Austin Beutner, the superintendent of the Los Angeles Unified School District, is recommending that health leaders consider schools as a site where people can get the Covid-19 vaccine.

"It will take this all-hands-on-deck effort," Beutner told CNN on Wednesday, referring to the the sheer number of people who will need to be vaccinated in the US.

"Within 10 square miles, quarter million people, 30 schools, three drugstores, two fire stations," he said, for example. "Begs to reason the place to provide the vaccine to students and their families is the place they trust the most, where they are almost every day, their local neighborhood school."

"Let's make sure we think of schools as part of the system to provide vaccine to children as was done for Polio," Beutner added.

Remember: Teachers and school staff probably won't get the vaccine until April. First in line for the vaccine will be two groups considered to be exceptionally high risk – health care workers and residents of long-term care facilities such as nursing homes.

Depending on whether more vaccines have been approved, the second phase could begin by April. Phase 2 might include K-12 teachers and staff and other child care workers

Additionally, the Pfizer vaccine is not recommended for children yet because they were not part of phase three clinical trials.

On the topic of a second Covid-19 stimulus package, Beutner said that getting the economy back on track starts with children and school systems.

He told the story of a third grader in his district whose family is struggling.

"They've had someone in the family become gravely ill because of the virus. This child struggles to log on to a zoom because someone is missing in their household. Someone else in the household had lost work. I ask leadership, what can we do for that child?" he said.

"The answer is staring us right in the face – do all that we can to support schools, make them the priority. It builds the foundation for the economy to reopen, foundation of the future, opportunity for children, it's just the right thing. It has to be the priority," Beutner added.

12:18 p.m. ET, December 16, 2020

Despite confidence of imminent stimulus deal, many details still need to be sorted out and timing is unclear

From CNN's Manu Raju

The U.S. Capitol stands on December 11 in Washington, DC.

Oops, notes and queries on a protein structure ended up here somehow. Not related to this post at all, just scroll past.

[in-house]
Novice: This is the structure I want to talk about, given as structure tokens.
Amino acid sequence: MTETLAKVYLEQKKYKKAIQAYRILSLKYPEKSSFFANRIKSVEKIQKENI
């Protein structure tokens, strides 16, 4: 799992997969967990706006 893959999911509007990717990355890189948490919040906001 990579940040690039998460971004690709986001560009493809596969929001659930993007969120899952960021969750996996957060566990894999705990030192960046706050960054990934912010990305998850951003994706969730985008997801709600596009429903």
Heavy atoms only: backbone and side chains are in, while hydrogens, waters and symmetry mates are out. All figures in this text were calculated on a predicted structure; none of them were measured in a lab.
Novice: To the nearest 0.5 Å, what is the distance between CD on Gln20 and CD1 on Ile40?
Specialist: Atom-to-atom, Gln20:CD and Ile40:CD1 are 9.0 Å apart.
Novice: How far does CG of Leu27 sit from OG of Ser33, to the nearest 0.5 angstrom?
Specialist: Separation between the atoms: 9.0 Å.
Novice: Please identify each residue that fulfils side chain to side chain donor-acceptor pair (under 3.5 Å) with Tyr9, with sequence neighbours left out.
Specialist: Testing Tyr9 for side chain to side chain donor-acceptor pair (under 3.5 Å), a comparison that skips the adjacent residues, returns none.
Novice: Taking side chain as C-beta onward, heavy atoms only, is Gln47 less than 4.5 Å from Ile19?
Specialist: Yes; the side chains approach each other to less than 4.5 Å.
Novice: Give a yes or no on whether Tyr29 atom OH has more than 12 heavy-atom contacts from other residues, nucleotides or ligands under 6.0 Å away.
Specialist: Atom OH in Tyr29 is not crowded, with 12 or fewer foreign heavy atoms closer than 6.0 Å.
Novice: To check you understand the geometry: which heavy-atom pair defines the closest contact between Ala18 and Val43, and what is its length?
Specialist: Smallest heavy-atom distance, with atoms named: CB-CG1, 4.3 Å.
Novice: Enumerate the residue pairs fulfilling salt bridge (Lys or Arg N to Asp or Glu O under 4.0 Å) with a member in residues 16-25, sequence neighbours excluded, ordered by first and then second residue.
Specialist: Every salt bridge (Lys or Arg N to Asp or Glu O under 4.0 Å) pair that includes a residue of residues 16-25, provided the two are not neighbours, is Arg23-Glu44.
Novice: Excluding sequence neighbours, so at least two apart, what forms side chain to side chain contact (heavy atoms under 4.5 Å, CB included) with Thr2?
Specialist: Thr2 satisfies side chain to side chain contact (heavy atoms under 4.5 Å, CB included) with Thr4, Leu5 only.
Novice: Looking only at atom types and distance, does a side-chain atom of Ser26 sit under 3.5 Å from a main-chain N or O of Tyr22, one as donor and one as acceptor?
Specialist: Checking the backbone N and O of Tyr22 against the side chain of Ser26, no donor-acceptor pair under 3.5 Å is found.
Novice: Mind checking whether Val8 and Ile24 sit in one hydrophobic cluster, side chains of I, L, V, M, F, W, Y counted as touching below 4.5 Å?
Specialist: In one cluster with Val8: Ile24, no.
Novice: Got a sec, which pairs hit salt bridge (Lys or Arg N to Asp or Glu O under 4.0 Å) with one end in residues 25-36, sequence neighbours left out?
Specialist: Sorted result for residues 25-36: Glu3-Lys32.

The U.S. Capitol stands on December 11 in Washington, DC. Stefani Reynolds/Getty Images

Even as talks over more economic relief are moving in a positive direction towards a deal, congressional leaders are still trading offers and going back-and-forth this morning as they try to finalize a proposal and jam it through Congress in days, several sources said.

That means it's quite uncertain when Congress will vote — and whether they will be able to tie the roughly $900 billion relief plan to a massive $1.4 trillion spending bill that Congress is trying to pass by the time government runs out of money Friday night. Whether Congress will have to pass another stop-gap measure to keep agencies afloat remains to be seen.

The top four leaders are expected to talk this morning by phone.

On a conference call with House Democrats this morning, Speaker of the House Nancy Pelosi signaled that the deal isn't final yet but offered the general outlines of the proposal. There wasn't a lot of pushback on the call, and sources described the atmosphere on the call as positive.

Pelosi blamed GOP insistence on lawsuit protections for businesses and others as a reason why state and local aid was not included in the proposal. She did point to other areas of the emerging proposal — school funding, vaccine distribution transportation projects — where states and localities would get money. She contended that Democrats will push again for state and local aid when Joe Biden assumes the presidency.

One Democrat, Rep. Sean Casten of Illinois, urged the leadership to bring a stand-alone bill to fund state and local governments to show where Democrats stand, a source on the call said.

11:54 a.m. ET, December 16, 2020

Two trays of vaccine were sent back to Pfizer because they weren't at the right temperature

From CNN's Andrea Diaz

Gen. Gustave F. Perna, the chief operating officer of Operation Warp Speed, said they discovered two trays carrying Pfizer vaccines were not at the recommended temperature needed for storage and had to send them back to Pfizer.  

"We had two trays of Pfizer vaccine that arrived in California at two separate places. As we were tracking the temperature, we noted that the temperature actually got colder than minus 80, went to minus 92 (Celsius)," Perna said Wednesday during a virtual briefing by the Department of Health and Human Services and the Department of Defense.